South Africa Jewish Community Helps in SE Asia
by D Saks
The South African Jewish community has been at the forefront
of relief efforts to assist South African holiday makers
stranded in the South East Asia region following the tsunami
disaster that has to date claimed well over 150,000 lives. A
high proportion of the more than 2000 South Africans caught
up in global catastrophe were members of the Jewish
community. Tragically, these included two of those since
confirmed dead, and hopes that two other South African Jews,
who have been listed amongst the missing, will be found alive
are fast fading.
Jewish survivors spoke about the tremendous trauma of being
caught up in a global catastrophe and, in some cases, of the
incredible siyata deShmaya that had enabled them to
survive. One man related how he had briefly left his ground
floor hotel room only a short while before the tidal wave
struck. When he returned, he found he had lost everything
except his tefillin, which he discovered —
perfectly dry — on top of a cupboard.
Through the efforts of the South African Jewish Board of
Deputies (SAJBD), working in close cooperation with the
Department of Foreign Affairs and Netcare 911, a special
mercy flight was organized to Phuket International Airport. A
number of volunteer Jewish doctors took part in the mission
to render medical assistance where necessary. Also in Phuket
— one of the islands worst affected — and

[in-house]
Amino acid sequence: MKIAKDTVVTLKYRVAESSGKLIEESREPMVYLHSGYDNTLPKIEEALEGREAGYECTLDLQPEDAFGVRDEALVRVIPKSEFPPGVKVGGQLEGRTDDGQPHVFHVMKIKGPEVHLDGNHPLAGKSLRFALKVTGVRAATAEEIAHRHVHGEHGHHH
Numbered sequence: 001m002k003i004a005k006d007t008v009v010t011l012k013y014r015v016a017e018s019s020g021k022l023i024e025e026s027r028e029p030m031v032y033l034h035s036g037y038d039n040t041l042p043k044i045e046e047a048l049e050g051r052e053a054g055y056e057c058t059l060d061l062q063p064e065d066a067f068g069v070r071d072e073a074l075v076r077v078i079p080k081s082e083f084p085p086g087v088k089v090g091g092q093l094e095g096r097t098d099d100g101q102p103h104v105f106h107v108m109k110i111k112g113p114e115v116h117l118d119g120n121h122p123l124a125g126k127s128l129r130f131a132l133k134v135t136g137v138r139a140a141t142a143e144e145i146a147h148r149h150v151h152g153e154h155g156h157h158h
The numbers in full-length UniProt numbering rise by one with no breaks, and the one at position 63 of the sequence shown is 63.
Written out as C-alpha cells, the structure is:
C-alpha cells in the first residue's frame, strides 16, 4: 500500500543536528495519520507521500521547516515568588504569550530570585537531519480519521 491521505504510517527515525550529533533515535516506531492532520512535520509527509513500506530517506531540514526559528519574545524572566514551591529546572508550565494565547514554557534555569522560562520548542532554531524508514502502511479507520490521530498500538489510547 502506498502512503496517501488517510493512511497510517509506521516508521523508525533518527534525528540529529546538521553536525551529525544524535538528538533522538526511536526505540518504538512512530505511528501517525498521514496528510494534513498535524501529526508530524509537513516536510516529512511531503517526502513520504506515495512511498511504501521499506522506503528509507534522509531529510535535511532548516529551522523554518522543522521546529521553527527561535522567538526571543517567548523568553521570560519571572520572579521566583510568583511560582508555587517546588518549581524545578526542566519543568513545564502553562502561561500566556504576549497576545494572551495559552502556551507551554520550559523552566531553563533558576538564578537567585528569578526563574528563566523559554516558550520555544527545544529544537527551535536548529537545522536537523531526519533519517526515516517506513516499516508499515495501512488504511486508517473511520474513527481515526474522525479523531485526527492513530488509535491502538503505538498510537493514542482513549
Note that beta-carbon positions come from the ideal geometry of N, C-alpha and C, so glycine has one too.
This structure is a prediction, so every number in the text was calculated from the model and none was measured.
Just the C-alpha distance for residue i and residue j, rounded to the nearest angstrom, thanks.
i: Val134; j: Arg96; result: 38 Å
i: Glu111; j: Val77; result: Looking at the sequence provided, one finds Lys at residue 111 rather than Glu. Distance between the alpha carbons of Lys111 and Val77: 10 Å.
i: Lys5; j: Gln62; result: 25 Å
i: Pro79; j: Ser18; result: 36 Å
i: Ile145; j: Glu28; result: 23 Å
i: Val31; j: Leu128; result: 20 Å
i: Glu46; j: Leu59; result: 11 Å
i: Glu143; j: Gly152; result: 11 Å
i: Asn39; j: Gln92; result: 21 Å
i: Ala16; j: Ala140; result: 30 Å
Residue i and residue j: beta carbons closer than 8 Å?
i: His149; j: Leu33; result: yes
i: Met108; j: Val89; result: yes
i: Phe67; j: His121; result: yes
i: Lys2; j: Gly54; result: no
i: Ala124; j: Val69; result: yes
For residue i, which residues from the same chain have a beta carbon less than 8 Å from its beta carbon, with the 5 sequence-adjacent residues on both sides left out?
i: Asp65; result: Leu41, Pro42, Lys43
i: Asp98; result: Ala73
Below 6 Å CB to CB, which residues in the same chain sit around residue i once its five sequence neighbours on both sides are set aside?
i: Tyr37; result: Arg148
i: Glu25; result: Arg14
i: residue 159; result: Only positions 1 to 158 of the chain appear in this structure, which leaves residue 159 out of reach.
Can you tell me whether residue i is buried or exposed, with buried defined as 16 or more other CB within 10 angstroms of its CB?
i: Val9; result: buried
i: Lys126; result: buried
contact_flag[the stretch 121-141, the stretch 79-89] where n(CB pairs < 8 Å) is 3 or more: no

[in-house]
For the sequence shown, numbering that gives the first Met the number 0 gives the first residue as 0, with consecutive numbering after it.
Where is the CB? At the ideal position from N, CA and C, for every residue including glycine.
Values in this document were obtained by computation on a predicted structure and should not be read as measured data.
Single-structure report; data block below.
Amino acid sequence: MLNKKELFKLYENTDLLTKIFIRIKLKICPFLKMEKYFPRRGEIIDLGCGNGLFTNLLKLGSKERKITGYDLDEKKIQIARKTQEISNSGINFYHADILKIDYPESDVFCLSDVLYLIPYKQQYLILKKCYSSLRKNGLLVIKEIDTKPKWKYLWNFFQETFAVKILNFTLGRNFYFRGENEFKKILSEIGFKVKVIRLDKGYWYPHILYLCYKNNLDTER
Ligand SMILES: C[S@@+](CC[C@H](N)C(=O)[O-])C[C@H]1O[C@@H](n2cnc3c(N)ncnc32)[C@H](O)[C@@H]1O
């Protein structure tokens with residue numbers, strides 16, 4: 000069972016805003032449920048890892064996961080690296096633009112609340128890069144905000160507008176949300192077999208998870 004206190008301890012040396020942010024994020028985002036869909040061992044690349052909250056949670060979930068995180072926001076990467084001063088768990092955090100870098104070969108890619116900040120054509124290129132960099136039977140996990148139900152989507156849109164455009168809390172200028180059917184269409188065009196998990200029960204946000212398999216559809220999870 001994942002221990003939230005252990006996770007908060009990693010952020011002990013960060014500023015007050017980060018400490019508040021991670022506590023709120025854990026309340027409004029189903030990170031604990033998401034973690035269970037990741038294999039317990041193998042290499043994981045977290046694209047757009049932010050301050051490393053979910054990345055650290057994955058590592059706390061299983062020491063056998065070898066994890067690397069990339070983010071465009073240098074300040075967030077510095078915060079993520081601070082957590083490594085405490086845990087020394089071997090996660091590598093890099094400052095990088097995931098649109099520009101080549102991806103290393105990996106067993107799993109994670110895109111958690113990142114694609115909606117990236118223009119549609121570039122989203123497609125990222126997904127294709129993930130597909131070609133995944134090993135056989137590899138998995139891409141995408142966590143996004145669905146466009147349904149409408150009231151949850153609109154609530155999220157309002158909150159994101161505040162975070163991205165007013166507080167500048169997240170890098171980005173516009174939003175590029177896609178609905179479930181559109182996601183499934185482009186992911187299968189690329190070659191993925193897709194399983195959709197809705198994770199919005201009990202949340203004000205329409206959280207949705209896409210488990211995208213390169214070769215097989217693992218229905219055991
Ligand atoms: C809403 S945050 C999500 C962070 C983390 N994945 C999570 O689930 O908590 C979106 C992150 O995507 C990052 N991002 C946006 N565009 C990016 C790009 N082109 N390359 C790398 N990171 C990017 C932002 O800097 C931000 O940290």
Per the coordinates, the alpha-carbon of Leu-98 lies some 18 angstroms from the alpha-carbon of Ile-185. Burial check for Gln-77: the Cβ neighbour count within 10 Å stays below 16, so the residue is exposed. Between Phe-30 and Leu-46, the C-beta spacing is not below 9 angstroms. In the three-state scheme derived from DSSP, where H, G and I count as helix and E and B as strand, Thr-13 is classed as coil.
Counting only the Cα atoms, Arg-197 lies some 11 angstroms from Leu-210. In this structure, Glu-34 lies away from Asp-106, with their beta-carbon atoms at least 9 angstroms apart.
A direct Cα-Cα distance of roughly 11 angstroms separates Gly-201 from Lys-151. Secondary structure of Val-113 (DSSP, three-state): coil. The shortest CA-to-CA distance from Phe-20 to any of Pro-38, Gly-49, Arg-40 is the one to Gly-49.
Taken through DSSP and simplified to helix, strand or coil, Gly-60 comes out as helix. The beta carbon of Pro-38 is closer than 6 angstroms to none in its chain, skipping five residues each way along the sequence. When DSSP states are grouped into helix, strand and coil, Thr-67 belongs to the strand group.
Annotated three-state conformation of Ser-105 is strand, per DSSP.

surrounding regions, were members of the Community Security
Organization (CSO), a Jewish defense organization that
operates under the auspices of the SAJBD. Working in close
cooperation with the local authorities, these helped search
for South Africans, making thorough records of all those in
hospitals, while its medical wing, Ezra, assisted those who
had sustained injuries. 68 people, the majority of them
injured, were ultimately brought back to South Africa in the
plane, seventeen of whom were Jews.
Also on board were the mortal remains of four South African
who perished. The latter included Morris Isaacson, who had
been a prominent member of the Jewish community in Cape Town.
Shortly after this, the body of a second Jewish victim, Paul
Sender of Johannesburg, was discovered.
Back in South Africa, the SAJBD and CSO set up a 24-hour call
center, and in the days following the disaster staff members
worked around the clock to assist those anxiously seeking
information about their loved ones. The SAJBD also opened an
account for the collection of money for relief and aid to the
South East Asia region. All funds collected will be handed
over to the Department of Foreign Affairs.